After another good night's sleep, we checked out of the Ampersand Hotel (so nice, highly recommended) and took the tube from South Kensington to London Heathrow to pick up our rental car at Enterprise. The Paddingon line was busy with commuters and tourists with luggage. We arrived at LHR in about 30 minutes. As we carded-out, we both still had a little money on our Oysters--for next time!
A short shuttle bus ride to Enterprise, and helpful service from Mo, and we were in business. The car was a Vaxhall Astra, brand-new, with only 10 miles on the odometer. Unfortunately it did not have GPS (Sat Nav) so I hooked up our old Garmin with the chip I'd bought and it worked. We were headed to Petworth House in Petworth, the first of several National Trust properties we planned to see on this trip.
Husband quickly got acclimated to driving on the
I had bought the National Trust 14 day Touring Pass for two adults (57GBP) online before leaving home. It was a great deal because without it, Petworth House would have cost 15GBP/each plus 4GBP for parking. That's pretty pricy!
From their website: "Petworth House and Park: The vast late 17th-century mansion Petworth House is set in a beautiful 283-hectare (700-acre) deer park, landscaped by ‘Capability’ Brown and immortalised in Turner’s paintings. Inside, the house contains the National Trust’s finest collection of pictures, with numerous works by Turner, Constable, Van Dyck, Reynolds and Blake, ancient and Neo-classical sculpture, fine furniture and carvings by Grinling Gibbons."
We had lunch then toured the servant's quarters, the kitchens, and cold-rooms. Then into the house where first we went upstairs to see a small exhibit about Capability Brown's remake of the grounds. The view was fantastic.
|Henry VIII surrounded by Grinling Gibbons carvings|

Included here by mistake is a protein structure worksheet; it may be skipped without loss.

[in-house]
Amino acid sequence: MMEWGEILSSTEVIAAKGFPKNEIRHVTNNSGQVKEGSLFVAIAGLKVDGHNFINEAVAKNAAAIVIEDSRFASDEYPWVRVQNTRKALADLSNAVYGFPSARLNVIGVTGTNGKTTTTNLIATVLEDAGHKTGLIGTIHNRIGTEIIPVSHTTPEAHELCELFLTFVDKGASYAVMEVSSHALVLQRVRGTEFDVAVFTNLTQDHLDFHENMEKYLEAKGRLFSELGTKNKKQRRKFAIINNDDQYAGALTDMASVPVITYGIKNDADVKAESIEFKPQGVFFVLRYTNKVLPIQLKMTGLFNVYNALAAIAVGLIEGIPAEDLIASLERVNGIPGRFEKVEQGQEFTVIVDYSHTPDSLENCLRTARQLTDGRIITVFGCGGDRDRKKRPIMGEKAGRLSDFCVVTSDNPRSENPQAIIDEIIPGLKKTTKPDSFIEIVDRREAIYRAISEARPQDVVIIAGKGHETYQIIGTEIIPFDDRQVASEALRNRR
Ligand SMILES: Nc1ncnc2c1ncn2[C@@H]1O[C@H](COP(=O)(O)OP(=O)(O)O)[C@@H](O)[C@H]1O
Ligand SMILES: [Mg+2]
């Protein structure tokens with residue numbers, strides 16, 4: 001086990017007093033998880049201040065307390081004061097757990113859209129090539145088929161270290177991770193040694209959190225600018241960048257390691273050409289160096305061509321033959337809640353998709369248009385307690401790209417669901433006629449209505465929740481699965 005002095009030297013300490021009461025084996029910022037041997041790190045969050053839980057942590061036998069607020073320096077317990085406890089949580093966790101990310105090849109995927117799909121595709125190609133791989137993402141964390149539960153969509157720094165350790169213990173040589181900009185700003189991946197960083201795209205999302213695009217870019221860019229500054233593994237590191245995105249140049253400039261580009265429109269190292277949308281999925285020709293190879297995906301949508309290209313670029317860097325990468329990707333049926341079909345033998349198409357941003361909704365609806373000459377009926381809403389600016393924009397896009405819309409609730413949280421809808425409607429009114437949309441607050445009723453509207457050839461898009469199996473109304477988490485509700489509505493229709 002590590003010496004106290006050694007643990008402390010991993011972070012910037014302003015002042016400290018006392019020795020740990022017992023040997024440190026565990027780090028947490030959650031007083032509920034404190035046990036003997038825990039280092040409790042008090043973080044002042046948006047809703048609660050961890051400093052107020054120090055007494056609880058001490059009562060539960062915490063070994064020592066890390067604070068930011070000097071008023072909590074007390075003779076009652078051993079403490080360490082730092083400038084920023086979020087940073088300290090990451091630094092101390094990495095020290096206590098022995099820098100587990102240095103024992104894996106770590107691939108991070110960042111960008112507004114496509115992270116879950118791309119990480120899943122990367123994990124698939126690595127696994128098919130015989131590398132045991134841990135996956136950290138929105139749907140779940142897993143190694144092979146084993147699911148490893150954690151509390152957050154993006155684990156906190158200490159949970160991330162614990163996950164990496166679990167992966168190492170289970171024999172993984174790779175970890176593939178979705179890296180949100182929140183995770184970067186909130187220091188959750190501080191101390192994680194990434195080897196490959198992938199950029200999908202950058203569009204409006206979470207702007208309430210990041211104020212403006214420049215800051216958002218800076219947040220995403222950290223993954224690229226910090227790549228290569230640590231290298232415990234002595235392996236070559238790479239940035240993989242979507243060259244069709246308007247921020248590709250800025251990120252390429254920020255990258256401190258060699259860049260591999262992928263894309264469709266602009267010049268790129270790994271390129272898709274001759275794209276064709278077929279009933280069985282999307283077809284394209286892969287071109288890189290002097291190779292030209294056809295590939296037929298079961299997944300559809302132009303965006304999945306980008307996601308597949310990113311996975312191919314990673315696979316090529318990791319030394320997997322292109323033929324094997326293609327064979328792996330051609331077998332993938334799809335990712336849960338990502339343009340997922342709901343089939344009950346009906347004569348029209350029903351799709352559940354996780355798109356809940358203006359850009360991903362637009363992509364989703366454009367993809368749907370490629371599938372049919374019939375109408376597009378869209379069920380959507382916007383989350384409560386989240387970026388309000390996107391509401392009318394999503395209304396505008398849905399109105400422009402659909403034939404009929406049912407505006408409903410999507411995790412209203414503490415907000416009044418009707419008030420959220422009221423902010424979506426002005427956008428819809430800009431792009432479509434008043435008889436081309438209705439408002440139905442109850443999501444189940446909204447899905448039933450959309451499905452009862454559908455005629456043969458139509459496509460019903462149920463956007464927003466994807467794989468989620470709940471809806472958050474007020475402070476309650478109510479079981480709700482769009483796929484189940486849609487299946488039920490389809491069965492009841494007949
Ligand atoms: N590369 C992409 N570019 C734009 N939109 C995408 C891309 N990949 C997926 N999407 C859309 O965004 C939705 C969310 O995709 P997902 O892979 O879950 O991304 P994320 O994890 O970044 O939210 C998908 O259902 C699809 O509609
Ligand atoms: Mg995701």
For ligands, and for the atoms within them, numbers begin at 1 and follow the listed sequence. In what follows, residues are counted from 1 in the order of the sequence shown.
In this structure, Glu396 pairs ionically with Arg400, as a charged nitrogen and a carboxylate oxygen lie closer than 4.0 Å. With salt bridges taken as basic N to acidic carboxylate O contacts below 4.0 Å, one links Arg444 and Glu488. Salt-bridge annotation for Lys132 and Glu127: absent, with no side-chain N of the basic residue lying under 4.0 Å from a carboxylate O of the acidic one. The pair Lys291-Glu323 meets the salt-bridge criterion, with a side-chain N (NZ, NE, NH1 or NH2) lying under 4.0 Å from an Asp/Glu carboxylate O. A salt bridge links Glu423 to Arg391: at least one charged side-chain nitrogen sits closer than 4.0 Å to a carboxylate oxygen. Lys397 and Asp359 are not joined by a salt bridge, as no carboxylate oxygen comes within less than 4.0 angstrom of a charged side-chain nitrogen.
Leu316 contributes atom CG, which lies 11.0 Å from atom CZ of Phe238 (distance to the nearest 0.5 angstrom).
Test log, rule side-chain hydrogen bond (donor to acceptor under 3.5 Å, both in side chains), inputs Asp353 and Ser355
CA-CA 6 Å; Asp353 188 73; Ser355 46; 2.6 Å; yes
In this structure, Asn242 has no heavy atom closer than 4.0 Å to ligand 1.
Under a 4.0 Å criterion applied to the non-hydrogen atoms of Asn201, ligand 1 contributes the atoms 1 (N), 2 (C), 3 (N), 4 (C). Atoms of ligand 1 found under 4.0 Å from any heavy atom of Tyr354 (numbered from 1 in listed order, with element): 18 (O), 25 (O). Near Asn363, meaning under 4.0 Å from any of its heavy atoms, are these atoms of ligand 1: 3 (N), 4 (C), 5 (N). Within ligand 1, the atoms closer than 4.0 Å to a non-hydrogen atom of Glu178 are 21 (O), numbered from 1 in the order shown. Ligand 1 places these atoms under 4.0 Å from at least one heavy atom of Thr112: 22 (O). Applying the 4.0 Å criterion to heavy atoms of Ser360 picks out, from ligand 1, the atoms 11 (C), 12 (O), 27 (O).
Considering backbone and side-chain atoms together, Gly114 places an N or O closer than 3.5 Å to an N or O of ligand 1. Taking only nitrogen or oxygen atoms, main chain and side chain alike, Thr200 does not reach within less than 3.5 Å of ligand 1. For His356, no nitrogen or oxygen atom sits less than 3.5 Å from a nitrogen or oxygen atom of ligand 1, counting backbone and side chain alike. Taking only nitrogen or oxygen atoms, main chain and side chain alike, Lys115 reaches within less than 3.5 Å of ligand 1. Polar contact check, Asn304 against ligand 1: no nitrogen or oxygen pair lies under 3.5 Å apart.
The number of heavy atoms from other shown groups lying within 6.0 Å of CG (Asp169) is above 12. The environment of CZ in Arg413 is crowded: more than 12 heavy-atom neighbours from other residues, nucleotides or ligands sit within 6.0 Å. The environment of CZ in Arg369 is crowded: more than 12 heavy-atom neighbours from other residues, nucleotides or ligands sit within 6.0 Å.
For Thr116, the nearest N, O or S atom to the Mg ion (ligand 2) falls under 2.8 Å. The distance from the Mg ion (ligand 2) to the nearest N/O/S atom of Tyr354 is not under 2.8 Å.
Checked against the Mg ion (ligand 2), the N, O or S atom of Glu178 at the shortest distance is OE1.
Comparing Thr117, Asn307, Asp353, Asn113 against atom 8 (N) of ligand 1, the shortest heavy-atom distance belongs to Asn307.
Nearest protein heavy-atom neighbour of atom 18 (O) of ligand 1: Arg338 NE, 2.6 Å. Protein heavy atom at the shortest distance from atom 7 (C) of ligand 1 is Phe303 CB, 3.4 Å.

|4th C Aphrodite|
Every time we visit England or Europe, my mind gets blown because of the breadth of history as compared to the US. At Petworth, I was struck by some pretty stools that turned out to be 24 years older than the USA (1776, Declaration of Independence, not when the first settlers landed). And they were not even the oldest things around!
|The stools by the fireplace are from 1752|
|The Molyneaux Globe|
After touring the house, we wandered out into the gardens and deer park. And meandered into the town by a side entrance off the café. The church was picturesque and the shops looked like fun. We didn't linger long.
|Petworth from its extensive grounds|
Back in the car, we plotted our way to Havant where we had a reservation at the Premier Inn for two nights. It took a little while and we had a couple of wrong turns--one of which landed us in a shopping center with a Marks & Spenser where we bought some provisions (Percy Pigs!). Finally made it to the hotel and checked in. Nice, spacious room, big bed, comfortable pillows.
It was a glorious late afternoon so we headed back out. Husband had researched pubs in the area so we parked by the Ship's Inn and walked over to the Royal Oak where we hung out for the rest of the evening. It was busy with locals with their dogs and groups sitting in the courtyard enjoying drinks. Dinner there was pretty good with very nice service. A mother and two young daughters sat close to us and we loved hearing the girls order: "please, may I have..." We tried to remember to have such polite manners!
We settled into the hotel for the night.
1. Having a direct tube route to LHR made staying at the Ampersand even better
2. We're used to navigating with the google app so the Garmin GPS was frustrating
3. The National Trust Touring Pass was worth it
4. The Havant Harbour is very pretty
Next: The Goodwood Revival!